Director: Arthur Greenstands, Larry Revene
“They work hard, they play hard.”
Plot: In 1982, ambitious hustler Veronica Hart leaves her job as the head of Wanco in Altoona, Pennsylvania and becomes the “executive coordinator of human services” at Tyler Securities in New York City. There, Wanda and her secretary/accomplice (Tish Ambrose) busy themselves seducing their married co-workers, then blackmailing them into signing over their shares in the company. Eventually, Hart makes off with millions and adds another corporation to her growing portfolio, though she has to fend off the snooping of private investigators played by Jamie Gillis and Ron Jeremy.

That’s the plot of Wanda Whips Wall Street, an X-rated comedy from the early days of the home-video boom, when adult filmmakers had the budgets and the ambition to make movies that looked almost indistinguishable from the multitude of sexy R-rated fare filling up the shelves, aside from the insertion and ejaculation. It’s also the plot of Stocks & Blondes, a bizarre 1984 release that replaces all of Wanda’s hardcore footage with a wraparound plot in which young New York Business University student Leigh Wood (playing a character named Wendy Willingquim—yep, you read that right) researches a paper on Hart, whom she admires as “one shrewd lady who knew how to use her assets.”


Wood follows Hart’s trail and talks to Gillis, Jeremy, and whomever else she can find, listening patiently as each recounts the details of Wanda Whips Wall Street, between extended footage from the earlier film. All the while, Wood tries to convince herself that Hart made it in Manhattan due to her business acumen, even though Wood’s scantily clad sorority sisters insist that the only way for any of them to advance—in school and in life—is to master their fellatio skills.

Key scenes: Even though Wanda Whips Wall Street isn’t as wall-to-wall graphic as most adult movies, it is about 30 percent explicit sex scenes, so Stocks & Blondes director Arthur Greenstands fills in the gaps with as much filler as he can muster, including lots of scenes of Wood and her friends conversing semi-improvisationally…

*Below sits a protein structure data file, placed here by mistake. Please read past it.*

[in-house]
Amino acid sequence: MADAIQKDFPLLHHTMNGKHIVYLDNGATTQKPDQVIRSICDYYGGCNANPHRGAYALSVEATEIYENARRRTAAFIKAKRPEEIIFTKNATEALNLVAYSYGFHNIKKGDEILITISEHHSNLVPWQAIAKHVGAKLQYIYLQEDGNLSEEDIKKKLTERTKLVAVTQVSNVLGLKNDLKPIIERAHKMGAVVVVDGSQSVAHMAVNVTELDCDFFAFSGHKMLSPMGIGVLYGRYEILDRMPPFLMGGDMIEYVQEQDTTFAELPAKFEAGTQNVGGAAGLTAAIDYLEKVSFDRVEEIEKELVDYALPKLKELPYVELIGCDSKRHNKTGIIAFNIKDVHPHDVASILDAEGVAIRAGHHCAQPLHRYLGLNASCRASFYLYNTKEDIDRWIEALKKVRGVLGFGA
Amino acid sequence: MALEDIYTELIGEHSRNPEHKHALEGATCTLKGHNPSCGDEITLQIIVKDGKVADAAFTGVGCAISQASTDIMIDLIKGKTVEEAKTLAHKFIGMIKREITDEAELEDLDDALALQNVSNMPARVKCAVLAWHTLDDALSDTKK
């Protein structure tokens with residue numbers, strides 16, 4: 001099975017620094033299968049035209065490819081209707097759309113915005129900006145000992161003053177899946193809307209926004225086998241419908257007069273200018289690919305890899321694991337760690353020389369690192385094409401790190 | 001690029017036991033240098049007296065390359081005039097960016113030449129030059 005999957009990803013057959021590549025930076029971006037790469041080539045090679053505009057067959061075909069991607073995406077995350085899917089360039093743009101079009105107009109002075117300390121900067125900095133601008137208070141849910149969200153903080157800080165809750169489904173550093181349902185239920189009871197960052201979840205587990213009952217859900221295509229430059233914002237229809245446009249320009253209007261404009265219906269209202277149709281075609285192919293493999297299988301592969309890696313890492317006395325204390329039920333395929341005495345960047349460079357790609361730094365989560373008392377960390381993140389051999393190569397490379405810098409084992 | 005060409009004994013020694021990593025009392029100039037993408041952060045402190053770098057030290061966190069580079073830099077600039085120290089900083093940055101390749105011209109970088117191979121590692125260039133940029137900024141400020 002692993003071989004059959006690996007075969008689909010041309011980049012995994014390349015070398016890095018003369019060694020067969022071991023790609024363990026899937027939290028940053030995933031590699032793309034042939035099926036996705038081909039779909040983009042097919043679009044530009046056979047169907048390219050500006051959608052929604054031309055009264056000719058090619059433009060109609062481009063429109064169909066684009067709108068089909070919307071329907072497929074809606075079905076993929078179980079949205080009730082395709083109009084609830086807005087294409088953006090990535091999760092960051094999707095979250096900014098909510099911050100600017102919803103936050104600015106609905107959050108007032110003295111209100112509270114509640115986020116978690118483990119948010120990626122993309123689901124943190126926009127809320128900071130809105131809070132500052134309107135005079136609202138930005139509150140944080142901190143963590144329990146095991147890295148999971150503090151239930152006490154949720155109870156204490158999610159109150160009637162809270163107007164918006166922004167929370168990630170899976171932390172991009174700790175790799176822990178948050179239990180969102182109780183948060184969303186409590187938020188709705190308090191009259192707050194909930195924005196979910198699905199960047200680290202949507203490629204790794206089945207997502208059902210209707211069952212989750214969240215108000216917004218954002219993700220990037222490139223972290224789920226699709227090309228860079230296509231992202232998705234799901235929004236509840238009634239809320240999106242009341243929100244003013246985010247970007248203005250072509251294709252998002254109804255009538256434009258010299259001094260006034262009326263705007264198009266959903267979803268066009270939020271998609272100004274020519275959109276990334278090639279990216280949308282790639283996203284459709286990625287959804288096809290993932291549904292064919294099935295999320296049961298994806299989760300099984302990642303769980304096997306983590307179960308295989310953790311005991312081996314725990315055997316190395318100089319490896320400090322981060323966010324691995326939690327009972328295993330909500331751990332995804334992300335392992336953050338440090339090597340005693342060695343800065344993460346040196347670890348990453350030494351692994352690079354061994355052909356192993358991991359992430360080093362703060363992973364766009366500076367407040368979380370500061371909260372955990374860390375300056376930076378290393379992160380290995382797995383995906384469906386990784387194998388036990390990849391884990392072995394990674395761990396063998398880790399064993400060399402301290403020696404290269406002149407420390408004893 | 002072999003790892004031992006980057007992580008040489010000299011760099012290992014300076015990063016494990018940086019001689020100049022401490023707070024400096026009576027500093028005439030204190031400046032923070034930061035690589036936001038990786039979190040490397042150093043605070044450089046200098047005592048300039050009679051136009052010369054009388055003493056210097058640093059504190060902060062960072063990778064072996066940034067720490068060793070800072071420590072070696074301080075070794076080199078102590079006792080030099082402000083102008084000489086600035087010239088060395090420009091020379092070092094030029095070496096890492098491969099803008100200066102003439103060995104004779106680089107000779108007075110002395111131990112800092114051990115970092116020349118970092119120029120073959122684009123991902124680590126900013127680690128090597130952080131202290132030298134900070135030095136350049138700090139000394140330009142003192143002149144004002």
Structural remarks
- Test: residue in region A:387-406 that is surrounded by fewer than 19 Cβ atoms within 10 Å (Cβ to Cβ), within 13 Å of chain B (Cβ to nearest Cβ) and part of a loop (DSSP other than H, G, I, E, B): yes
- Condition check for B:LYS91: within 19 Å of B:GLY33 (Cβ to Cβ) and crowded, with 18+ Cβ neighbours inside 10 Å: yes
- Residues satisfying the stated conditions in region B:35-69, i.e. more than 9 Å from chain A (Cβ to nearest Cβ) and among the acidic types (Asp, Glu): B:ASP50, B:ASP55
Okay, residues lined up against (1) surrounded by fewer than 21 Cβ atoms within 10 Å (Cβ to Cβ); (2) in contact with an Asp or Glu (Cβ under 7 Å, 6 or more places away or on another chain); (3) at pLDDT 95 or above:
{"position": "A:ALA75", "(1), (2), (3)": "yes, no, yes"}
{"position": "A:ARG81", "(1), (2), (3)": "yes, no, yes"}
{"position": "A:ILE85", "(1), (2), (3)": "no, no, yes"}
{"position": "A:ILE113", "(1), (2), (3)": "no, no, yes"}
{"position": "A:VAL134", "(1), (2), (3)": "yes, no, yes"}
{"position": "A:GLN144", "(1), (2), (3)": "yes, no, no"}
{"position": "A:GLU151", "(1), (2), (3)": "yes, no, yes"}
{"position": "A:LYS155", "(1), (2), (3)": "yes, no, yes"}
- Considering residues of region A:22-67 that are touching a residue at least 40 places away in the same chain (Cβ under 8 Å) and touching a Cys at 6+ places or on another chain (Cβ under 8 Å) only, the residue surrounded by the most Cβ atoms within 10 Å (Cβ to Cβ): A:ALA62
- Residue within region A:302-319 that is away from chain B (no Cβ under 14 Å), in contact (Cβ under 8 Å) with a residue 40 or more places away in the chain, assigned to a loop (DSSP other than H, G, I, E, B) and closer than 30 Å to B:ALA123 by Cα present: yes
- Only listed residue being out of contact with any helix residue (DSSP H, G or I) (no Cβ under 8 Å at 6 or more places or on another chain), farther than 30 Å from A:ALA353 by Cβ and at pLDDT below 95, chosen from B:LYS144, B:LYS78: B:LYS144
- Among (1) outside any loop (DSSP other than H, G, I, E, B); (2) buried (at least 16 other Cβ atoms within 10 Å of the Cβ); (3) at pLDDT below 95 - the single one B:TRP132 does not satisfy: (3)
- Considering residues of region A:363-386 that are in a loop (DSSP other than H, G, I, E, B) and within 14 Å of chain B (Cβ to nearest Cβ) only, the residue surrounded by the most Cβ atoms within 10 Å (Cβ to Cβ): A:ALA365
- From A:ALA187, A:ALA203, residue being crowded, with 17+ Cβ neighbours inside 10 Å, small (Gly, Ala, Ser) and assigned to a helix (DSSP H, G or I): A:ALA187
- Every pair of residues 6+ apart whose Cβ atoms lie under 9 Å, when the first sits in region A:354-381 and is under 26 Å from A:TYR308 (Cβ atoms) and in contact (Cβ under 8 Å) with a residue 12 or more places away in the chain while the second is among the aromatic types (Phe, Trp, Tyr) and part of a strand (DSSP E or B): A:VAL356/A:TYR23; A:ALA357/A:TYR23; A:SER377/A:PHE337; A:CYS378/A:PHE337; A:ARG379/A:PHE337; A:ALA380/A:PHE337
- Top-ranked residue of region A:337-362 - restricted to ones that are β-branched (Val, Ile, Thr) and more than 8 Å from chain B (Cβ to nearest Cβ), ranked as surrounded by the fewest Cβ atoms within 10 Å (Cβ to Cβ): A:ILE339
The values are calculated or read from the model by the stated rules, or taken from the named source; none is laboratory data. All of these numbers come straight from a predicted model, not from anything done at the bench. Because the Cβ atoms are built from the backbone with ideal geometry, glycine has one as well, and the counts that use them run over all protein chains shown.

…and lots of shoe-leather footage from Wanda, in which the heroine walks around New York, grabs a bite to eat, and reads financial reports for minutes on end.

Greenstands also makes liberal use of Larry Revene’s original movie. He savors the comic boobery of Wanda’s boss, who greets his new employee with a cheery “Welcome abreast… I mean, uh, welcome aboard.” He takes in the scene at a wild party, where drunken revelers interrupt their orgy to establish their economic bona fides, hissing, “Read Maxwell Newton, dammit!” And Greenstands, like Revene, has a secret weapon in Veronica Hart, an adult actress with the skills to be comic, dramatic, sympathetic, and alluring. Hart as Wanda never seems the least bit skanky, not even when she’s seducing a trader so she can sneak onto the floor of the NYSE and dump Tyler stock.

How odd is it that between Wood with her gal-pals and Hart with hers, Stocks & Blonds/Wanda Whips Wall Street scores better on the Bechdel Test than most non-porn movies?


Can easily be distinguished by: The jazzy horn-driven music in the flashback scenes, contrasted with the “updated” new wave in the current-day scenes.

Sign that it was made in 1984: Lots of “only in the ’80s” decor, like this cool neon hallway…

…and this Radio Shack computer:

Timeless message: You’ll never work your way up unless you’re willing to go down.


Memorable quotes: “So how’s our Rhodes scholar? Did you give up and… swallow your pride?”

Available on DVD from Image.